'Jolly Banker' lives on with Wilco

Wilco lead singer Jeff Tweedy

TEXT OF INTERVIEW

Kai Ryssdal: Seventy years ago, as the economy was finally crawling out of the Great Depression, banks in this country were just about as unpopular as they are today.

Singer Woody Guthrie tried to tap into a little bit of that discontent.

WOODY GUTHRIE: I'm a jolly banker, or the banker's lament. You can call it either one you want to.

Fast forward to the present day and what Guthrie said back then rings just as true.

GUTHRIE (singing): When dust storms are sailin',
The crops they are failin',
I'm a jolly banker,
Jolly banker am I.

Woody Guthrie's body of work, about the troubles of people living through hard times, inspired a lot of artists -- most recently the band Wilco. They're out with a new cover of "Jolly Banker" tomorrow. And I sat down the other day with frontman Jeff Tweedy.

Ryssdal: What prompted you to pull this song out of the archives and do it? Was it the obvious thing? The news of the day?

JEFF TWEEDY: It was Nora, his daughter, Nora Guthrie, who runs the archives. A couple of months ago when things really started to get hairy financially and economically for the country. That song had begun to get a little bit of attention. And she felt like somebody was going to cover it. And she called us because she wanted it to be us.

GUTHRIE (singing): When money you're needing,
And mouths you are feeding,
I'm a jolly banker,
Jolly banker am I.

Ryssdal: It is fundamentally a protest song.

TWEEDY: Yeah, I think it's geared towards increasing an awareness of what sometimes people miss when they're being preyed upon. Sometimes people don't seem to be able to get that because they're blinded by their desire to have the new car or whatever.

GUTHRIE (singing): Just bring me back two,
For the one I lend you,
Singing I'm a jolly banker,
Jolly banker am I.

Ryssdal: Are you hearing any of that same social commentary in the music that's out there today, the stuff you listen to, or the stuff you guys do?

TWEEDY: I don't, I don't think so. I don't hear anything as direct as the type of stuff that Woody did. I don't know, it's a very different time. There's an aimless quality to a lot of protests that I hear these days. Maybe history provides a sense of black and white, but it doesn't seem to be as easily defined these days.

Ryssdal: On that topic of social commentary, though, I mean you guys have a concert DVD coming out. It's called "Ashes of American Flags." What's the point there?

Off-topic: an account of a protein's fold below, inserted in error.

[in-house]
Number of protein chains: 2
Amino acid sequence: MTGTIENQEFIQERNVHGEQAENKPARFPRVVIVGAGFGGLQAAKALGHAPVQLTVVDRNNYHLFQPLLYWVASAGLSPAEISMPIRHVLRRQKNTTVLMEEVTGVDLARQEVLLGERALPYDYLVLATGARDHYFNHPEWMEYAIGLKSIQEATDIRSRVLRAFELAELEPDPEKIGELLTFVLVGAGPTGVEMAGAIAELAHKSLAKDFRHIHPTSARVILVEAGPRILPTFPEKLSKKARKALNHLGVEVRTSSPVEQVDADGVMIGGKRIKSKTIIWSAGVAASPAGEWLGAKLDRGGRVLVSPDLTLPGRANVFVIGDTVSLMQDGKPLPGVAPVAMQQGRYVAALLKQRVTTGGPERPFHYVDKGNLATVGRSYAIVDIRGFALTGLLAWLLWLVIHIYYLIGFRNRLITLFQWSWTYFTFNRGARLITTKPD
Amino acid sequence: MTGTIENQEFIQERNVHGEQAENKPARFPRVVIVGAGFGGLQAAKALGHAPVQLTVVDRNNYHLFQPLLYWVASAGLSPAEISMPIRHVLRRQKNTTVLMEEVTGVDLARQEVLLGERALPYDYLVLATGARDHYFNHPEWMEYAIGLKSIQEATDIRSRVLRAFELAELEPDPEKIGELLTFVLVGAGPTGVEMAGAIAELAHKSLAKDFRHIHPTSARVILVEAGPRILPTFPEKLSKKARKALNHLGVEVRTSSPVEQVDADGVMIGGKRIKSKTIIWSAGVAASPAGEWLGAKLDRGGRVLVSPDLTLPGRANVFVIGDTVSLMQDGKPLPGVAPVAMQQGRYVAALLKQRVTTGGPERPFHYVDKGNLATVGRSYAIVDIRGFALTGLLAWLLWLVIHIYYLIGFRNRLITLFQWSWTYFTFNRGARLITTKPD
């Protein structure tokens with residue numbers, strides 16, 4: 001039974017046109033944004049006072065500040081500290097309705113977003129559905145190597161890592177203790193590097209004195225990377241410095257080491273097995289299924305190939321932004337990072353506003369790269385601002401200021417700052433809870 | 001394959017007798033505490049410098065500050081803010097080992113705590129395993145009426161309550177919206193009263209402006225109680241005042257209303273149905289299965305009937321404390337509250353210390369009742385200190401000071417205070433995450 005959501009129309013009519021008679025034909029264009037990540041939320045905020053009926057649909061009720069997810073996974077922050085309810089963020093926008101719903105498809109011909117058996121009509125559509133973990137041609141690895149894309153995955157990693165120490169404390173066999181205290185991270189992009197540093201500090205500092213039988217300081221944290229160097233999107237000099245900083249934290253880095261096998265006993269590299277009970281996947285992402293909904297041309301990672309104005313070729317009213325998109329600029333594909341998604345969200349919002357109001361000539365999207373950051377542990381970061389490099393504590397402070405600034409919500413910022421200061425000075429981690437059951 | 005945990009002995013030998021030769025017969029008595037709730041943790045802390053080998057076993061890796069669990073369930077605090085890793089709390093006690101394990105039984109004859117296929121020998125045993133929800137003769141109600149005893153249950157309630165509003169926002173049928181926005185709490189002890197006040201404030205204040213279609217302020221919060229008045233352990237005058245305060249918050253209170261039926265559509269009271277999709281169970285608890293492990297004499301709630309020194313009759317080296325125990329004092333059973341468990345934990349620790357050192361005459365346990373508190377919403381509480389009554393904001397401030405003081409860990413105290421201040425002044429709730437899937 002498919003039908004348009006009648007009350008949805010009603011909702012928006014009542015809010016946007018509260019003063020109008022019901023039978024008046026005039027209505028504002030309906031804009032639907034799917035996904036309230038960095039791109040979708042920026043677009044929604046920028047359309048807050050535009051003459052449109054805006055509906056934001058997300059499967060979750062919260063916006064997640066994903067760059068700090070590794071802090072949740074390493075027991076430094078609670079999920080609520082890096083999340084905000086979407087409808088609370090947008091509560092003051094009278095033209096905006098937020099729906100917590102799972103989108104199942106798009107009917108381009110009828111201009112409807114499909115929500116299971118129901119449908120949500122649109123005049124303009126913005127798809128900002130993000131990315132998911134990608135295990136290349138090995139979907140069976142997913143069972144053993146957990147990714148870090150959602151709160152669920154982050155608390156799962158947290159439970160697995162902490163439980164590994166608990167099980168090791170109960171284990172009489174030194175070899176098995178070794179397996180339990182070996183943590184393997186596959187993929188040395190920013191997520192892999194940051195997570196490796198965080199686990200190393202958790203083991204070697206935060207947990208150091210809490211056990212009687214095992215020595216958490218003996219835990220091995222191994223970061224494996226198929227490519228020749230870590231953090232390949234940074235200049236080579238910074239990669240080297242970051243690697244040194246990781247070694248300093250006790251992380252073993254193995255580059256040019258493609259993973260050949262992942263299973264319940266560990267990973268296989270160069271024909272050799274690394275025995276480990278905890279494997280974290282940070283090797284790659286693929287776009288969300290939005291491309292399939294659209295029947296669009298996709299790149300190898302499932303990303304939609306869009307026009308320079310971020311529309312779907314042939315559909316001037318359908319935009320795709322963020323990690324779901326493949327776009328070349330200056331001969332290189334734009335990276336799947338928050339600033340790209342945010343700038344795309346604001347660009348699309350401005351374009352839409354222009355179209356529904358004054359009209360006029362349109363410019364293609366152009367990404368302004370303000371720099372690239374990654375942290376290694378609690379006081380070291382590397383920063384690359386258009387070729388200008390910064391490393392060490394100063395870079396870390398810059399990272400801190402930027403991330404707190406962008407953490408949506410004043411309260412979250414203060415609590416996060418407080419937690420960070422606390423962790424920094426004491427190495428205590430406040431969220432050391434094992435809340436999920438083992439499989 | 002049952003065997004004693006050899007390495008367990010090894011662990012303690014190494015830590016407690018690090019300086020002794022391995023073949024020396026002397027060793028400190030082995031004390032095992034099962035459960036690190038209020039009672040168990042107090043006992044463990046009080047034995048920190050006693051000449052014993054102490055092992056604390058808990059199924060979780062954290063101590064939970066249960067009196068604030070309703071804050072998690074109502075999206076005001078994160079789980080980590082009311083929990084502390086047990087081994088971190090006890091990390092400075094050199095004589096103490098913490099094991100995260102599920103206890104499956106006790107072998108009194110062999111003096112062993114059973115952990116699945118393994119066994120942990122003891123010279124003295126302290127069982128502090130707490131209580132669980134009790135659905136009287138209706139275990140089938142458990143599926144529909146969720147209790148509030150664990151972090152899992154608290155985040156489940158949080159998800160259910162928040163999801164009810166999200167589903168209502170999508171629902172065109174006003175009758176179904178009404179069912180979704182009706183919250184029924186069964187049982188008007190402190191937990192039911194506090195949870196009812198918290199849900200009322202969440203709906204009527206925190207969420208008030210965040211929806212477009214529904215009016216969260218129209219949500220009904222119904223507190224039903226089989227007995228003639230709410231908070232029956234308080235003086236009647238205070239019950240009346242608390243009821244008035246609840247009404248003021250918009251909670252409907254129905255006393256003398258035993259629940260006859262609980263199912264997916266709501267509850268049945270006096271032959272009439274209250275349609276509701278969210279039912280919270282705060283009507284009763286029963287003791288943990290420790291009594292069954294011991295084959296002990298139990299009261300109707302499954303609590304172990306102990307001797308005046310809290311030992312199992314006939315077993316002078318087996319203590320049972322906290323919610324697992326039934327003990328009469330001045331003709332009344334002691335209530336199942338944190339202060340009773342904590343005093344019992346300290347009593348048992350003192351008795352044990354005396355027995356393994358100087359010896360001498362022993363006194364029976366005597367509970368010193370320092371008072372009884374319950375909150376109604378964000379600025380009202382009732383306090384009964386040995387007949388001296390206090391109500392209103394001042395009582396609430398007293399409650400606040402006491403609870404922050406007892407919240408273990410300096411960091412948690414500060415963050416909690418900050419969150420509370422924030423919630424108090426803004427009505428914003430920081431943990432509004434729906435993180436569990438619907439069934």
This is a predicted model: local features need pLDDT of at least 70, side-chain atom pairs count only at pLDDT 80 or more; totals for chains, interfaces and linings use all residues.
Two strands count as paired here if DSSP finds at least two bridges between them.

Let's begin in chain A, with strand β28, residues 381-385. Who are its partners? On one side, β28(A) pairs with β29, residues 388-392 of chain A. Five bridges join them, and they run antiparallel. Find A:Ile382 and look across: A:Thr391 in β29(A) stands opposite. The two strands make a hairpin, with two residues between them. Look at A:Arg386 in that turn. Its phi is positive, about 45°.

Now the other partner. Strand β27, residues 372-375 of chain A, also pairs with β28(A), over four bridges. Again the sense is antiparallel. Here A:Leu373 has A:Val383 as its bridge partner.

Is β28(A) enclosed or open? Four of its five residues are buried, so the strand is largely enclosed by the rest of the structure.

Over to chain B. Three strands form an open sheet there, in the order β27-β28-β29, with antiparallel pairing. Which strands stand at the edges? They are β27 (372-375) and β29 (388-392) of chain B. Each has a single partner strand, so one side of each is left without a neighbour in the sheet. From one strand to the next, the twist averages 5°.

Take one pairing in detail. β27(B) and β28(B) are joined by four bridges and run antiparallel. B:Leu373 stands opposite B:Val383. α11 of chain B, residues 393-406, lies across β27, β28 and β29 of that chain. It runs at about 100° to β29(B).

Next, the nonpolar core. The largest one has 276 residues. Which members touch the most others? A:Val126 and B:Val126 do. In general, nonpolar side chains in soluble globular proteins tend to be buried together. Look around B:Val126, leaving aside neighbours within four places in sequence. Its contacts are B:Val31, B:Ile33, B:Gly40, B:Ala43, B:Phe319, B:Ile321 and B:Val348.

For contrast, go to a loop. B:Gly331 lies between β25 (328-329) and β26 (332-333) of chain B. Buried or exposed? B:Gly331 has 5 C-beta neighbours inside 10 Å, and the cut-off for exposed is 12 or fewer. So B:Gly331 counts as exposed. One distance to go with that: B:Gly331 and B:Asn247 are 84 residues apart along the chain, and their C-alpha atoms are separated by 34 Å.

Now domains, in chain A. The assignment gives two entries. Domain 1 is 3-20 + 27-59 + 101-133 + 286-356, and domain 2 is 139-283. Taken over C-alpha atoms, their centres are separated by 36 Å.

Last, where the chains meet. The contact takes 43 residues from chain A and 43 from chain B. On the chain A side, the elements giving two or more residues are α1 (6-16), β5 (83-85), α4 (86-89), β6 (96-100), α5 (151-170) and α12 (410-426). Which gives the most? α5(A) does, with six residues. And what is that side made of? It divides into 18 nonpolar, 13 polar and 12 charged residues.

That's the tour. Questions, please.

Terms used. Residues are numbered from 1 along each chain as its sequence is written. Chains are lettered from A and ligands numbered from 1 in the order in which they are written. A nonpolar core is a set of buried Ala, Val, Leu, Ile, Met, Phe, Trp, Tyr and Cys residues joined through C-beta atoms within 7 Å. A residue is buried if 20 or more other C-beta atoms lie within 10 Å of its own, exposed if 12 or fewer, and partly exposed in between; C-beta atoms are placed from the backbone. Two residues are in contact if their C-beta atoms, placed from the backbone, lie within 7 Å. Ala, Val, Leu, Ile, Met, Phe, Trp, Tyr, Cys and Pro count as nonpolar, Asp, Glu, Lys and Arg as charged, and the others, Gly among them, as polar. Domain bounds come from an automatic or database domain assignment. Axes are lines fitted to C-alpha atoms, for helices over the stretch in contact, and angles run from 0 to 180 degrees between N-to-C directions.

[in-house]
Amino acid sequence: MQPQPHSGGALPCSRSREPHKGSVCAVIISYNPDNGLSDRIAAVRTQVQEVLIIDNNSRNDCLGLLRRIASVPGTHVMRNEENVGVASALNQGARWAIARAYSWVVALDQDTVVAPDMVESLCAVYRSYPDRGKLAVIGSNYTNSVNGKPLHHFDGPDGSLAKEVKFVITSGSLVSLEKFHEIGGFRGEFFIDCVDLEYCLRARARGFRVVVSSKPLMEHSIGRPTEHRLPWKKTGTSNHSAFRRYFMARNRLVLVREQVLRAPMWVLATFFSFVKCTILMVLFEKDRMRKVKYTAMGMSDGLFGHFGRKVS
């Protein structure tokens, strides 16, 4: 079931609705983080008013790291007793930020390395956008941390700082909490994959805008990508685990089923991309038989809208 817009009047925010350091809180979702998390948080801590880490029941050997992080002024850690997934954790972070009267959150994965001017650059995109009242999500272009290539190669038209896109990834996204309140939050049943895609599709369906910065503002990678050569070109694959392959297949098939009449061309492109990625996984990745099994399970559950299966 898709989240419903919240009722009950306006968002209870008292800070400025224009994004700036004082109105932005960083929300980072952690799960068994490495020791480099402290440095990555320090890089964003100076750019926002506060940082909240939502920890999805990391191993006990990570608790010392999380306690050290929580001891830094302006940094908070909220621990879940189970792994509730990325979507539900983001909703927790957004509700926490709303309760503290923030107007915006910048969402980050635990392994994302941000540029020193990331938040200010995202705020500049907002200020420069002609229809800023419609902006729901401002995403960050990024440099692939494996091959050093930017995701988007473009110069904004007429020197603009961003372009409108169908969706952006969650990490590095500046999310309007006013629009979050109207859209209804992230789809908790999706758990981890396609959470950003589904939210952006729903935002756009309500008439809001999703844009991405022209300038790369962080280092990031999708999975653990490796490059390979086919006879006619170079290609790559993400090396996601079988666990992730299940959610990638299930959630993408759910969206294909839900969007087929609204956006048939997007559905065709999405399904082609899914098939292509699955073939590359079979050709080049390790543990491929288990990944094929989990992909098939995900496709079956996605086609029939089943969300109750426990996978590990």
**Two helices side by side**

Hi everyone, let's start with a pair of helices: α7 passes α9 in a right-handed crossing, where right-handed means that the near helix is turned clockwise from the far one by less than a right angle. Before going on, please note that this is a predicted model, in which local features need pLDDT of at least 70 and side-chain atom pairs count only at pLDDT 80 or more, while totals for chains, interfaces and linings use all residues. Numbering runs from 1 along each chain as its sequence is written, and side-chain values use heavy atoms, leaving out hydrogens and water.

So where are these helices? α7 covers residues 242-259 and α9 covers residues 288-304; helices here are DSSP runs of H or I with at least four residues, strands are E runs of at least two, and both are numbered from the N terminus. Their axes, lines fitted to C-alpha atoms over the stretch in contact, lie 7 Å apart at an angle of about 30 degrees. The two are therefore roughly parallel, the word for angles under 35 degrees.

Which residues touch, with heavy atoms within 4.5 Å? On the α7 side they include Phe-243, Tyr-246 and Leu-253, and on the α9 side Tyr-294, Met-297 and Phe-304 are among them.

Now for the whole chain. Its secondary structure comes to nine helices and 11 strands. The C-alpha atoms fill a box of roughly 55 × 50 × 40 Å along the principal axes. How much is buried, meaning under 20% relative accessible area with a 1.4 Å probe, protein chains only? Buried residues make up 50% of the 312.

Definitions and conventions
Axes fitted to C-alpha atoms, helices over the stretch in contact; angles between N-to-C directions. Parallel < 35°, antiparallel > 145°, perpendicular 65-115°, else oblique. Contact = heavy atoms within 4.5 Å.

TWEEDY: Traveling around the country, I think one of the things that occurred to us as a way to make a concert film have a little bit more weight than just being a concert film, we came up with the idea of documenting some of our favorite venues and some of the places that we get to see by traveling around America that feel like the best parts of America. At least the best parts of what we thought of as America when we were growing up. There's places like Cain's Ballroom in Tulsa, Okla.; Reiman Auditorium in Nashville; Tipitina's in New Orleans. And just very unique places, places that have a real regional flavor to them.

Ryssdal: That open road part is exactly what Woody Guthrie did. He spent miles and miles and years and years on the roads of this country. What would he think today if he went out there and did what he did 40, 50, 60 years ago? What kinds of songs would he write?

TWEEDY: Going through the archives, one of the things that struck me is that Woody wrote about everything. And so, answering a question like that is almost impossible because he's very famous for writing about the Dust Bowl ballads and kind of documenting the struggles of that group of people. But to answer your question -- What would Woody write about now? -- everything. I'm sure that some of the stuff we were just talking about would strike him. The fact that everywhere he went looked a little bit more alike than it did when he was traveling around the country. I notice that even from the 20 years that I've been on the road. There are places that used to feel like you were in a unique place in the world and in a place that was different from the last place you were. And it doesn't feel as much like that these days.

Ryssdal: Jeff Tweedy, from the rock band Wilco. Jeff, thanks a lot.

TWEEDY: Thank you.

Ryssdal: The proceeds from Wilco's version of "Jolly Banker" go to the Woody Guthrie Foundation and Archives.

Comments

I agree to American Public Media's Terms and Conditions.
With Generous Support From...